To accomplish SAN data sharing, the metadata engine implemented in a metadata appliance receives I/O requests to open a file from an application, permits access to the file while temporarily locking out others, and returns the file to an unlocked status when the I/O completes. All communication between the host application and the SAN regarding file access is typically passed over the IP network, while the actual data requested by the applications moves over the SAN.
Appliance-based metadata engines function as active participants in the SAN. However, they do not actually service any I/Os. Rather, they manage the path of an I/O from application to storage devices and back again through the SAN infrastructure.
Current incarnations include Tivoli's SANergy version of the metadata appliance model. SANergy was released originally by Mercury Computer Systems in 1998 for SAN-based data sharing in streaming environments.
Cluster file systems
Though most "clusters" historically found in Unix and Windows environments are really just availability boosters based on simple "failover" techniques, more sophisticated "concurrent sharing" implementations have emerged. Coupled with back-end SAN storage, cluster file systems (CFS) create a true SAN file system.
Examples include Compaq's Tru-Cluster CFS and SGI's Irix CXFS. The key limitation is that because clusters are almost always homogeneous, the any-host-can-access-any-data generality associated with SAN technology is often unavailable. Veritas' emerging SANPoint product line will, however, extend the CFS approach on a heterogeneous basis.
Smart switches use the SAN fabric transfer data and communicate metadata control messages. Locking and coordination mechanisms are implemented by the SAN fabric itself, typically under the con-trol of a dedicated processor within, or attached directly to, the switch. In addition, the metadata engine may include a large local memory that can be used as an onboard cache, allowing the switch-attached processor to service some I/Os directly.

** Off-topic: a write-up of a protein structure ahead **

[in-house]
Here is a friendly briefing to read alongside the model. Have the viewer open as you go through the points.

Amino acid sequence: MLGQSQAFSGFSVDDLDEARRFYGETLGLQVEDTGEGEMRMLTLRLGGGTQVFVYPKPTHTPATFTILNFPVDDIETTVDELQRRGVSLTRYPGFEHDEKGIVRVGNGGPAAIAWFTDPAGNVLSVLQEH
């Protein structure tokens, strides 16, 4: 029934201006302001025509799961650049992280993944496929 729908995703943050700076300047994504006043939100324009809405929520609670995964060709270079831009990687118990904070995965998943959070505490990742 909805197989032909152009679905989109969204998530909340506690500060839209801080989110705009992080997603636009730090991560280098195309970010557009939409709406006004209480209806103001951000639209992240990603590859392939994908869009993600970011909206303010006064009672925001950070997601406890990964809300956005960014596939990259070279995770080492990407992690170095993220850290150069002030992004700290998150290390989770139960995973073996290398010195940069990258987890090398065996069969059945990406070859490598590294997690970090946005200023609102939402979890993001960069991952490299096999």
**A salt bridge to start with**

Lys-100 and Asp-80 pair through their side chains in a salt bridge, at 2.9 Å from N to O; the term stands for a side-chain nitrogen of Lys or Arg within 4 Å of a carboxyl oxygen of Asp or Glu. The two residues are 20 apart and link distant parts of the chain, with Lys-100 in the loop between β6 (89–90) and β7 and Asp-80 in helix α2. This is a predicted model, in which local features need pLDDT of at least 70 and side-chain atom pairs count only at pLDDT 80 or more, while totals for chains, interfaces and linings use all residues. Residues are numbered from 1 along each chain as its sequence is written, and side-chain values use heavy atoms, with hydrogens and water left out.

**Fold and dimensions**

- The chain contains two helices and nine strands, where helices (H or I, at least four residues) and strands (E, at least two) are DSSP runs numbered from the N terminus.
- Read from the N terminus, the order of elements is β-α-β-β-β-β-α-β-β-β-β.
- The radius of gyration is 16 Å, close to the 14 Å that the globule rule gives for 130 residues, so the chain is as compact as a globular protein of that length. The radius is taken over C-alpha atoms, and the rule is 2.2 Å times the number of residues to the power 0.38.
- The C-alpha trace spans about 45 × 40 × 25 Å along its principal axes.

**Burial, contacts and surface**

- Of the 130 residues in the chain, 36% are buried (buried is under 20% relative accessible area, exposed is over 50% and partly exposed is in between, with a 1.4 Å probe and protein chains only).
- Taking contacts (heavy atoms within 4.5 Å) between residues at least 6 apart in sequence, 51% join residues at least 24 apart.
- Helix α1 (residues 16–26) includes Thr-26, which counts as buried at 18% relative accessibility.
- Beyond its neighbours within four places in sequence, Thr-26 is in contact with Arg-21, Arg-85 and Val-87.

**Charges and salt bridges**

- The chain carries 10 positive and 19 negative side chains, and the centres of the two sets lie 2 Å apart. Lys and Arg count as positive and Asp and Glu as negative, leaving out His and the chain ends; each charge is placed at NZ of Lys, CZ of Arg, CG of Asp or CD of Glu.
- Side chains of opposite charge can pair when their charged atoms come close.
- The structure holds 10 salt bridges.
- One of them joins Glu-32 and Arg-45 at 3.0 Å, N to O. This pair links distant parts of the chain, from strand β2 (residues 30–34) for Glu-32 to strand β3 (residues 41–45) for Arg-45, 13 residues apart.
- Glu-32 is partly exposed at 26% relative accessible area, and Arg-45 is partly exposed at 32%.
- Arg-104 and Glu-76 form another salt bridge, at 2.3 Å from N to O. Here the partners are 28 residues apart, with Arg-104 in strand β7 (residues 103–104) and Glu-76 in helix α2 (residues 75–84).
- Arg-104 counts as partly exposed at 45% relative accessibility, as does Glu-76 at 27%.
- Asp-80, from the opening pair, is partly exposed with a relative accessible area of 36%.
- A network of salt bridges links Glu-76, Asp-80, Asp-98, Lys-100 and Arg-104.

Gadzoox Networks (Axxess) and DataCore Software (SANsymphony) have teamed up to introduce the first intelligent switch.
The application of a truly distributed processing model to SAN-based metadata remains in its infancy. In this approach, metadata, including the awareness of locking mechanisms, is distributed across multiple SAN components. This can be as basic as spreading the metadata coordination across multiple cluster hosts in a CFS configuration, or as radical as distributing coordination responsibilities and intelligence across application hosts, controllers, switches, and storage subsystems.
The distributed CFS approach will likely be available in the next generation of CFS products, but the everything- distributed model is more distant. Many decisions have yet to be made about what protocols will be used or how cache could be implemented. The promise of the distributed model lies in its potential to be the most scalable and most recoverable of the various implementations. However, it is also by far the most complex model to implement.
Tricord Systems is developing an implementation of the distributed model, but hasn't made any product announcements yet.
Once around the track
Using metadata engines to manage I/O makes the LUN masking and zoning techniques common in most of today's SAN implementations appear quite primitive. Yet, it has made good sense to have some simple, practical results to show along the way to SAN's Holy Grail. Some metadata engines and SAN file systems have now inched their way into production, but most of the emerging players have yet to even make it to the test track.
The winners in SAN data sharing will be those who make the most efficient use of their metadata engines. The models they use must exhibit low latency, high performance, and high resilience. Ladies and gentlemen, start your engines!
John Webster is a senior analyst with Illuminata (www.illuminata.com), a research and consulting firm in Nashua, NH.